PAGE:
Jump to the Content

The Netherlands
Fact Sheet

How much nature it has and how much it uses

This factsheet provides key data about the Netherlands’ ecological performance, based on the National Footprint and Biocapacity Accounts. 

This is how these accounts work: human activities compete for nature’s regeneration. Regeneration refers to the ability of ecosystems to constantly renew what is being used or damaged. Examples of human demands are food, timber, fibers for clothes, paper, sequestration for CO2 from fossil fuel burning, or space for roads and houses. Therefore, the world or a country is like a farm: it is possible to assess how much is being regenerated and compare it to how much people demand from the farm. 

Biocapacity refers to photosynthetic regeneration by ecosystems. This regeneration is driven by the sun and enables life on our planet. Regeneration produces resources and absorbs waste materials. Regeneration provided by ecosystems is one of humanity’s most critical physical inputs, as it is foundation of all food chains on the planet, including all value chains of the human economy. Ecosystems’ regeneration (i.e., biocapacity) can be compared to human demand on regeneration  (i.e., Ecological Footprint).

Natural Capital Day 

By comparing the biocapacity of a country to its residents’ ecological footprint, we can calculate how quickly the country’s biocapacity budget is spent by the country’s population. 

Based on the latest available data, the Netherlands contains about 1.1 global hectare of biocapacity per person, while the footprint is 6.0 gha per person. With demand exceeding 6-fold the amount of biocapacity ecosystems in the Netherlands contain, this means that the country’s natural capital or biocapacity budget is exhausted in about 1/6th of the year, i.e., within about 2 months. We call this day the Dutch Natural Capital Day. If the residents’ ecological footprint is bigger than the country’s biocapacity, the country demands more from nature than its own ecosystems can provide:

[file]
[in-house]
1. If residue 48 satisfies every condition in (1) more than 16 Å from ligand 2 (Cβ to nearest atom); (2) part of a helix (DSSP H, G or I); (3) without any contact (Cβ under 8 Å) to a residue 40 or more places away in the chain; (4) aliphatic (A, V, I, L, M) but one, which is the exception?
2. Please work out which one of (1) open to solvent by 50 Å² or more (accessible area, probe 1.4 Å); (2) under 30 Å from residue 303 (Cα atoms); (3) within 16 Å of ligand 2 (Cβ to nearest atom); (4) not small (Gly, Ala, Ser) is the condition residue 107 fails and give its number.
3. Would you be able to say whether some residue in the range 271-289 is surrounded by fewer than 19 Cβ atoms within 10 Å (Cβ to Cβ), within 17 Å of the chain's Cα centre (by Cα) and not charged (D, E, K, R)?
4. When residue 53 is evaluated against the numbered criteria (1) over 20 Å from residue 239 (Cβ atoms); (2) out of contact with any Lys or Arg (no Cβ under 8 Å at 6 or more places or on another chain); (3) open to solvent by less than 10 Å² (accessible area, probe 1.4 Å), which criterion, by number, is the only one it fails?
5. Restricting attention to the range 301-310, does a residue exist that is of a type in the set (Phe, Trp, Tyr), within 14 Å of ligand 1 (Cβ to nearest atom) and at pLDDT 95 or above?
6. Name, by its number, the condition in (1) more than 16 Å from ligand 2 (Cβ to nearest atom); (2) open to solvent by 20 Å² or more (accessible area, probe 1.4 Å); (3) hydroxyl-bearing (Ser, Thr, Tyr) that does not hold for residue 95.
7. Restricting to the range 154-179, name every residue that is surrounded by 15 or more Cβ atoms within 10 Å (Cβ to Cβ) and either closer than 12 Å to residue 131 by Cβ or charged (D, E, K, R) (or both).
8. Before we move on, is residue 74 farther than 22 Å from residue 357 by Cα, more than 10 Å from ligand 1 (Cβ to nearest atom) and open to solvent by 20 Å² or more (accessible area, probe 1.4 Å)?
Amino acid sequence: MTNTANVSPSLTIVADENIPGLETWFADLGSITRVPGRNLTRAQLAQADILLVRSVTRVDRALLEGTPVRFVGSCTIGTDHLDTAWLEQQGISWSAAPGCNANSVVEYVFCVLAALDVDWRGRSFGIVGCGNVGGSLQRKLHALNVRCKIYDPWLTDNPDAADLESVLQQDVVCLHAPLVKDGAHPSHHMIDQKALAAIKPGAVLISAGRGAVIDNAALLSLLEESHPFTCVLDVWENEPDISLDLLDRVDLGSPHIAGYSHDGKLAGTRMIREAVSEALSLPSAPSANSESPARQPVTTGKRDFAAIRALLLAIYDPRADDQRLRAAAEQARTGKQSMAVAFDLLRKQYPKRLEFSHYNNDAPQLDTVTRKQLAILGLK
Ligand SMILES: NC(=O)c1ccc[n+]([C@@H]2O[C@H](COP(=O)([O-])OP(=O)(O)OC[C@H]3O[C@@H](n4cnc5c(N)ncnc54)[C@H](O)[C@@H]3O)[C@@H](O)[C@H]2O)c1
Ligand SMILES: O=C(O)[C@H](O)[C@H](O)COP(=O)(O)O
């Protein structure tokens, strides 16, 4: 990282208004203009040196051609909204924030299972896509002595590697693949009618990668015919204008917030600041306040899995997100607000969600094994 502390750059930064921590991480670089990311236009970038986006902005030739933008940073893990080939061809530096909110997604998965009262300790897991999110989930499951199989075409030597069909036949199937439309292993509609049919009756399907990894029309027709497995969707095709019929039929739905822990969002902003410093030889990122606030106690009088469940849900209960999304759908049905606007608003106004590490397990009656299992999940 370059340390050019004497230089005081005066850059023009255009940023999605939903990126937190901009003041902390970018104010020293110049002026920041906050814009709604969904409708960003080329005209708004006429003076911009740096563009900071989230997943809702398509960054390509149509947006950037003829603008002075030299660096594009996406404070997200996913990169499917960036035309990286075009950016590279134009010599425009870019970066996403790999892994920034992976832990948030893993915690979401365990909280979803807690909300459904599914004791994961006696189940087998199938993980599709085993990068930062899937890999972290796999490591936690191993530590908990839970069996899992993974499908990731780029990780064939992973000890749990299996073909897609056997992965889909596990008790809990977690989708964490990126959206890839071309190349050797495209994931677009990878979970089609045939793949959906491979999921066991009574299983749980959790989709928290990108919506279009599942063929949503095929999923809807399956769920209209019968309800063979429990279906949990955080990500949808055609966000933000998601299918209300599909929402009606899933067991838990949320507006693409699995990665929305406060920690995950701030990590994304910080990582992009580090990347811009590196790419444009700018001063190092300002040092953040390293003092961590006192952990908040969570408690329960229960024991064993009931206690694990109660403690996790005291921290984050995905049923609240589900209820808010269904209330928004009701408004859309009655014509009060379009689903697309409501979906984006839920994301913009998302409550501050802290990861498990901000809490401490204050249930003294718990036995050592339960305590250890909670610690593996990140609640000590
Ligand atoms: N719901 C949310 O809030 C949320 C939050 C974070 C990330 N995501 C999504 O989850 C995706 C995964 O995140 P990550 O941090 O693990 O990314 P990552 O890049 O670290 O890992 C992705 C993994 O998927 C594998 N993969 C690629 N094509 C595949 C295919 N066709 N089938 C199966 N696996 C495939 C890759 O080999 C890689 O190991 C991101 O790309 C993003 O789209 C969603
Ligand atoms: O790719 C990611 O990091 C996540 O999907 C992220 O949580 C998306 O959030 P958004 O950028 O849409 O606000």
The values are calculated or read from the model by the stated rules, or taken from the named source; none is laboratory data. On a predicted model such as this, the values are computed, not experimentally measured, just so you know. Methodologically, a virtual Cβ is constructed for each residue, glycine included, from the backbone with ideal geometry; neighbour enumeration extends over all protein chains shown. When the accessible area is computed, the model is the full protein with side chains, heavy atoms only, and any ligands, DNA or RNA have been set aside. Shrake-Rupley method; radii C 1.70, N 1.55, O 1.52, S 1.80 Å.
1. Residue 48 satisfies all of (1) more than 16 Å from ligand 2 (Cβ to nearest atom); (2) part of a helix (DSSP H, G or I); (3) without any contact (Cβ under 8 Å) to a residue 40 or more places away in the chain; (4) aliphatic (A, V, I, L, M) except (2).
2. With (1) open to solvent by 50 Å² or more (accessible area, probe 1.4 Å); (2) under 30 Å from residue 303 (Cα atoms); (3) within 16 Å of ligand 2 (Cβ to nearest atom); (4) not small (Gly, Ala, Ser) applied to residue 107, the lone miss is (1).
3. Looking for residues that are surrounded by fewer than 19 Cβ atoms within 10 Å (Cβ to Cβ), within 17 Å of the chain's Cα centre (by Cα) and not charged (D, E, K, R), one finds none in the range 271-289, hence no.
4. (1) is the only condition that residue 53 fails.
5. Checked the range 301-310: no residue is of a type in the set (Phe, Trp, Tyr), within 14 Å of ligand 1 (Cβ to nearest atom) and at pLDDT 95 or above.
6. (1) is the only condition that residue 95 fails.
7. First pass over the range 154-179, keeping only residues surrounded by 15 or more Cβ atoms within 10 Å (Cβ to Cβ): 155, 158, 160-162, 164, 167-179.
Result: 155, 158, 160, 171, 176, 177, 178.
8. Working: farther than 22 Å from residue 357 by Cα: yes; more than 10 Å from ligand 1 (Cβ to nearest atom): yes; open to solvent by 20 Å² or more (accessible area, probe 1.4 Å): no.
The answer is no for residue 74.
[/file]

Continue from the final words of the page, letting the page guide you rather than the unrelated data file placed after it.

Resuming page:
Since the Netherlands have less biocapacity per person than the world, the ratio for the world is smaller: If everyone in the world consumed like the Netherlands’ residents, humanity would be using the equivalent of 4 Earths. 

Dutch Overshoot Day

Dutch Overshoot Day is the day when the annual biocapacity of our planet is consumed if everyone on Earth lived like the Dutch. For 2024, it falls on April 1st.

We determine the country overshoot days for 2024 using the latest edition of the National Footprint and Biocapacity Accounts available on December 31 of the year prior. This was the 2023 edition, featuring Ecological Footprint and biocapacity data for all countries, from 1961 to 2022, with the last 3 years being estimates because of data lags in UN statistics (Typically, there is a three to four-year lag between the latest data-year and the present due to the UN’s reporting process.)

Here is how the calculation works for the Netherlands:

  • The Ecological Footprint for the Netherlands was 6.02 global hectares per person (in 2022)
  • Global biocapacity was 1.51 global hectares per person (in 2022)

Therefore, it would take (6.02 / 1.51) = 3.99 Earths if everyone lived like people in the Netherlands,
we can determine the Dutch Overshoot Day as the 366 * (1.58/5.69) = 92nd day in the year. The 92nd day of 2024 is the 1st of April, the Dutch Overshoot Day.

Footprint and Biocapacity of the Netherlands 

Between 1961 and 2022, the Netherlands’ total biocapacity (figure 1) has slightly increased, in total, but decreased per person. (as shown in figure below). The Dutch biocapacity is much lower than its Ecological Footprint. 

Figure 1: Biocapacity and ecological footprint per person of the Netherlands (1961-2022), 2023 edition of the National Footprint and Biocapacity Accounts

This assessment builds on the 2023 edition of the National Footprint and Biocapacity Accounts. For more detailed analyses, it can be enhanced by Multi-Regional Input-Output assessments. The National Footprint and Biocapacity Accounts are based on about 15,000 data points from United Nations statistics, per country and year. These accounts are is continuously maintained by York University, Toronto, under the governance of Footprint Data Foundation (FoDaFo). Global Footprint Network participates in the governance of FoDaFo.